After reading the Wikipedia article I was wondering about a possible connection between these two idioms.
Quoted from Wikipedia: Chip on shoulder
This idiom traces its roots back to a custom that was known in North America since the early 19th century. The New York newspaper Long Island Telegraph reported on 20 May 1830 "when two churlish boys were determined to fight, a chip [of wood] would be placed on the shoulder of one, and the other demanded to knock it off at his peril".
A similar notion is mentioned in the issue of the Onondaga Standard of Syracuse, New York on 8 December 1830: "'He waylay me', said I, 'the mean sneaking fellow — I am only afraid that he will sue me for damages. Oh! if I only could get him to knock a chip off my shoulder, and so get round the law, I would give him one of the soundest thrashings he ever had'."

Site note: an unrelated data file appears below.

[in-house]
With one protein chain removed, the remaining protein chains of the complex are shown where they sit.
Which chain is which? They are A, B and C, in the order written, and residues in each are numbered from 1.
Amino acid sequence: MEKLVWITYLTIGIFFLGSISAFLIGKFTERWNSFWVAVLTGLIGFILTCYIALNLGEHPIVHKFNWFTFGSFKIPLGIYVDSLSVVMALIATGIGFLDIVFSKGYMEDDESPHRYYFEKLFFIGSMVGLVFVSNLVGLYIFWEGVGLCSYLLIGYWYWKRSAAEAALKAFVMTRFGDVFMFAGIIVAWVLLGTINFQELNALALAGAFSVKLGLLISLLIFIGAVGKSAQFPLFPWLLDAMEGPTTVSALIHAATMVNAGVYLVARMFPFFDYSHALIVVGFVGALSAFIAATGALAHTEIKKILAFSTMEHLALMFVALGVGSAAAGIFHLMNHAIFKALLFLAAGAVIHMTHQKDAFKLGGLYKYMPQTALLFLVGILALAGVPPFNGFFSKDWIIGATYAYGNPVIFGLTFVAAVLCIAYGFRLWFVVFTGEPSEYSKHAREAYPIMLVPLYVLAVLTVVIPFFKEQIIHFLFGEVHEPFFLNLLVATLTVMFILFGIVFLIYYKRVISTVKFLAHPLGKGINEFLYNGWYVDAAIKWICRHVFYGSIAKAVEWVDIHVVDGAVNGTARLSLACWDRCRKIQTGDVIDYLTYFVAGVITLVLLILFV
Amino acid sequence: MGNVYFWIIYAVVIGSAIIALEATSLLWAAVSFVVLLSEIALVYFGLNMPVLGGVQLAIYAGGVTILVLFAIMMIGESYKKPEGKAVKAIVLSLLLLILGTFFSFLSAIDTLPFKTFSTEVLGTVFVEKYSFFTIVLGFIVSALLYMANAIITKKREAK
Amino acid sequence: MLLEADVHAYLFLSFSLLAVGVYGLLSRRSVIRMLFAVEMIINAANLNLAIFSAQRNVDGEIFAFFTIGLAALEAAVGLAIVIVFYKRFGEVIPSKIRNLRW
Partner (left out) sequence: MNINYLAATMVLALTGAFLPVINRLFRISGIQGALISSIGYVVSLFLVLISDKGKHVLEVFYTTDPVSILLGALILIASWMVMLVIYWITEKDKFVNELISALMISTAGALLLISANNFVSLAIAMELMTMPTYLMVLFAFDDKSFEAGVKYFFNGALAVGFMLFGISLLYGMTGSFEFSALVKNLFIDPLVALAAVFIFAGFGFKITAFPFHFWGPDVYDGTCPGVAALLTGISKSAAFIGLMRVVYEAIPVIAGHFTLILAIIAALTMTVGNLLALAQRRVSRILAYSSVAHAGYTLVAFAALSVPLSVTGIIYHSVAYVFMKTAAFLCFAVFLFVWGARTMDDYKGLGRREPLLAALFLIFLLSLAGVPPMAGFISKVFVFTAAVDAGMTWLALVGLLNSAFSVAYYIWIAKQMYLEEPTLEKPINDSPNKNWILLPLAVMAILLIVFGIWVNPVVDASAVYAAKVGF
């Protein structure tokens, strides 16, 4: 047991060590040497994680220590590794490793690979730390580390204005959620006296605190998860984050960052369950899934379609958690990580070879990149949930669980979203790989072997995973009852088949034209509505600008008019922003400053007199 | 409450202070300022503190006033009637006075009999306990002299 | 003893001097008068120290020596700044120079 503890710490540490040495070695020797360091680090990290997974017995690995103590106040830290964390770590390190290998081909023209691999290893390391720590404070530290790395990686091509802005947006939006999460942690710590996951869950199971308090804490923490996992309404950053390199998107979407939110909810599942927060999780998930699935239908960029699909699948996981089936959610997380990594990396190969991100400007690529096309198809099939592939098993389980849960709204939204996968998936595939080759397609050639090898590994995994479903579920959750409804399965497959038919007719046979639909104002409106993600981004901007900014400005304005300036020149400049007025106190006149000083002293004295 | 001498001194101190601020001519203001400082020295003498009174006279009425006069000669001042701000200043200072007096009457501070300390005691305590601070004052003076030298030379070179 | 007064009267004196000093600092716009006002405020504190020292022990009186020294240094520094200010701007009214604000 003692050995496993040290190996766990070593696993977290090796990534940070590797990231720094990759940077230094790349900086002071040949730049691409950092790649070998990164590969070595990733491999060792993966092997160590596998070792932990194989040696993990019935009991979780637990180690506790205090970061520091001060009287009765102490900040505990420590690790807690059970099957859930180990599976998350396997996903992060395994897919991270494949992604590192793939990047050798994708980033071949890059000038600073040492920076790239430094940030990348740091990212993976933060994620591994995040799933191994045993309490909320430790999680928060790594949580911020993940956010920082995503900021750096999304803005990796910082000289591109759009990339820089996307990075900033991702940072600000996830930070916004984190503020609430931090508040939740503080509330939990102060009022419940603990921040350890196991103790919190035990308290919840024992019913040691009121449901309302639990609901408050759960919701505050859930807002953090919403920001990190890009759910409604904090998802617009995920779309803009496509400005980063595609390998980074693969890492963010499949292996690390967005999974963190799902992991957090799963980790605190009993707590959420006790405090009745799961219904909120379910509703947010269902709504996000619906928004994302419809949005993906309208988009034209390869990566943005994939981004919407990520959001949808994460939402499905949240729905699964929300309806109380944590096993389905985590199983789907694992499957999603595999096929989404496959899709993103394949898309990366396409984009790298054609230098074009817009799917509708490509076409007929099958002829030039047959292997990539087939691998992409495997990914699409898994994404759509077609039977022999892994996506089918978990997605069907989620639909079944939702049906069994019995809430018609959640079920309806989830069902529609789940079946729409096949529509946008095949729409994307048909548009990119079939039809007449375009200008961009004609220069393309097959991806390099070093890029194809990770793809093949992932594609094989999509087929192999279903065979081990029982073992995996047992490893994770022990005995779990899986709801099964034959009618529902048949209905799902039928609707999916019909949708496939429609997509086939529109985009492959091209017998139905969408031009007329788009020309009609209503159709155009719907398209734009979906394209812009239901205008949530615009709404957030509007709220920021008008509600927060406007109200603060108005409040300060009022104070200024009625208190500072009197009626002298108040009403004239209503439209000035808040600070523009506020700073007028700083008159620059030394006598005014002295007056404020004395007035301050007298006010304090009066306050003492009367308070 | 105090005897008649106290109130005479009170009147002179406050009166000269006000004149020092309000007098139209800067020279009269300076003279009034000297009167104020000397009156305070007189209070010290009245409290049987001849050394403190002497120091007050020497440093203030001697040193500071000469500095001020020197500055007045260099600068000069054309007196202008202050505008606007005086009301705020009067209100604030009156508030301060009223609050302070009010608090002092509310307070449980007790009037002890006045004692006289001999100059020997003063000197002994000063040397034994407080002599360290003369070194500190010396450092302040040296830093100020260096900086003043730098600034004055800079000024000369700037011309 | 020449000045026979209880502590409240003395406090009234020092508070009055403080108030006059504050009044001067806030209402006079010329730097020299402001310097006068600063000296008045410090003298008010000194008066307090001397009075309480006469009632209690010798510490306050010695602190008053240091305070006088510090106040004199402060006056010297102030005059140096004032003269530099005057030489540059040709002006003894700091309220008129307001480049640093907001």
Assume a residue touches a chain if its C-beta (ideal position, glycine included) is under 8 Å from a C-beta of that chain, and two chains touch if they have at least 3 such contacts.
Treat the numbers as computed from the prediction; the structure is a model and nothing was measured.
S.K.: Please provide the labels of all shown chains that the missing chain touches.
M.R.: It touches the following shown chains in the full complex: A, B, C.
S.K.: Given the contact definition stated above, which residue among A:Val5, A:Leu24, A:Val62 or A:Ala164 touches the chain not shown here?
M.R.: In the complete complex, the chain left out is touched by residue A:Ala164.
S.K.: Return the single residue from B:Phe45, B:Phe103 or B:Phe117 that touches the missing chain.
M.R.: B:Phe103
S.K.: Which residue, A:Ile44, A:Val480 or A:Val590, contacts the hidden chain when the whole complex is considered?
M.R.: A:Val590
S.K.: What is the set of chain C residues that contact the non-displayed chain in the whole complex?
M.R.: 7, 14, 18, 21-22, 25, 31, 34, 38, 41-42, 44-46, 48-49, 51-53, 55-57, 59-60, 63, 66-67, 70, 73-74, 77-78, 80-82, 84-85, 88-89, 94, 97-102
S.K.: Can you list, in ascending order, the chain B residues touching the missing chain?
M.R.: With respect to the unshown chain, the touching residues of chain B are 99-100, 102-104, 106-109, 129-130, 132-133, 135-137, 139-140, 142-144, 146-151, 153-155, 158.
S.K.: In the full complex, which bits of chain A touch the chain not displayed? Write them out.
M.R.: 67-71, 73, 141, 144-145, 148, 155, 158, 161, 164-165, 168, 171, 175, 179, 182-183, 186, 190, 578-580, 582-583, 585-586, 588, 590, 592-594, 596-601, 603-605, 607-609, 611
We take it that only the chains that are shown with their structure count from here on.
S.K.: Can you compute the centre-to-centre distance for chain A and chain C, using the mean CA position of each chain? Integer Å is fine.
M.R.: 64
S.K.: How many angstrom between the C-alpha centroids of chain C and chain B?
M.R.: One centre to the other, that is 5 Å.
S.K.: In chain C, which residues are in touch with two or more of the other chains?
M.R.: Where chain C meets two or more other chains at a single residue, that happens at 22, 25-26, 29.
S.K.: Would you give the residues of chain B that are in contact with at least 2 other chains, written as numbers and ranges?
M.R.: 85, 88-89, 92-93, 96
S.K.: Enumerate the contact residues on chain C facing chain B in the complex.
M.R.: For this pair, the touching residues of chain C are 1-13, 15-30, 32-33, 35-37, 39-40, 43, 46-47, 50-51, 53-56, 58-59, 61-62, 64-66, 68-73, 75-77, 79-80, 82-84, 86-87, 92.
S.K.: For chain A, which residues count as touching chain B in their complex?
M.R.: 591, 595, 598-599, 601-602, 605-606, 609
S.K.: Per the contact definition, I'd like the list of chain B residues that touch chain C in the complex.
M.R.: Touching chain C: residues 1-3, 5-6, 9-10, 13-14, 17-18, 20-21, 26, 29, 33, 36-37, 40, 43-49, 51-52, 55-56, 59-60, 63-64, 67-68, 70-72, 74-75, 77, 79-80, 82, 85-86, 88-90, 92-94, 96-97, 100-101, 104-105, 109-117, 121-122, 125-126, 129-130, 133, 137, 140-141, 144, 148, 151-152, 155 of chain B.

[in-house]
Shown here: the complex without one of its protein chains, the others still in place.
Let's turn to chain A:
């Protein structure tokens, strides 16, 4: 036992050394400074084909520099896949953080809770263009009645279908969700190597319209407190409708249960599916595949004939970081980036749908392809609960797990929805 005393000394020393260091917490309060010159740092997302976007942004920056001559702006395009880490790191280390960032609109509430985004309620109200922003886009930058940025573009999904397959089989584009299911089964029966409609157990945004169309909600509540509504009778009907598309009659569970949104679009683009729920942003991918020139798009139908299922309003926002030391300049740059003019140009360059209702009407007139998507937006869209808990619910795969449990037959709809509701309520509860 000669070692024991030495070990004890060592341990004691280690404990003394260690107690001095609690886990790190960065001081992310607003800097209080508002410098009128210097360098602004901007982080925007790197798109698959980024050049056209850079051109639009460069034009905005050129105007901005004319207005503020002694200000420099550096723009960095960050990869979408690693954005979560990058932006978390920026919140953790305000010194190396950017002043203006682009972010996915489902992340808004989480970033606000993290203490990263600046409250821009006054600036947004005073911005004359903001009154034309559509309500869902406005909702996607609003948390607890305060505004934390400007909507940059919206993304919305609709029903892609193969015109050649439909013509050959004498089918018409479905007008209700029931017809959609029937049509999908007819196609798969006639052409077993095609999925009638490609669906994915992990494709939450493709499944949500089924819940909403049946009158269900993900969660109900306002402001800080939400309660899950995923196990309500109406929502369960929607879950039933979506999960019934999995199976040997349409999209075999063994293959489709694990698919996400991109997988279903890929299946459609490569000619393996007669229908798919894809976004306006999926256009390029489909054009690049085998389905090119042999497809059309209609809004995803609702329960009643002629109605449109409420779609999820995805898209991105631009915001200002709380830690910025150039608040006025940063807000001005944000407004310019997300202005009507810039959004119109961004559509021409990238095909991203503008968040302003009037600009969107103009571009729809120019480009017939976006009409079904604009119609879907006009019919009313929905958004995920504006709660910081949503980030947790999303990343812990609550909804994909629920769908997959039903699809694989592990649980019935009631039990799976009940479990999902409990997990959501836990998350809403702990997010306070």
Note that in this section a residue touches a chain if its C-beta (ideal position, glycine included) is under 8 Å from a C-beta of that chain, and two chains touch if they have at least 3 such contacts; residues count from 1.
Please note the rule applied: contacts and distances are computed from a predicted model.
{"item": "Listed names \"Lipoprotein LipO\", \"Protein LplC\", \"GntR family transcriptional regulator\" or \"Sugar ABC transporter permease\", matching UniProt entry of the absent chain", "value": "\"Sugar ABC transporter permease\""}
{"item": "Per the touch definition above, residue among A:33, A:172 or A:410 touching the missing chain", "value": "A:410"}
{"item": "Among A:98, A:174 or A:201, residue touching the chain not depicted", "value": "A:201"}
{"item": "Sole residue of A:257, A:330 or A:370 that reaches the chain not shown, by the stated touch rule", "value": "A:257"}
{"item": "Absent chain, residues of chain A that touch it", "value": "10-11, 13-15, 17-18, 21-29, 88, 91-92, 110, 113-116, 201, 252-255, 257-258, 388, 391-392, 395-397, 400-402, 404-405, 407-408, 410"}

Some time later in 1855, the phrase "chip on his shoulder" appeared in the Weekly Oregonian, stating "Leland, in his last issue, struts out with a chip on his shoulder, and dares Bush to knock it off".
This is not related to the question: What are the origins for the phrases "Knock it off" and "Cut it out"? I am enquiring about the connection between two distinct idioms, one being:
To have a chip on one's shoulder
The other being:
Knock it off
It looks to me like they might both originate from the same source!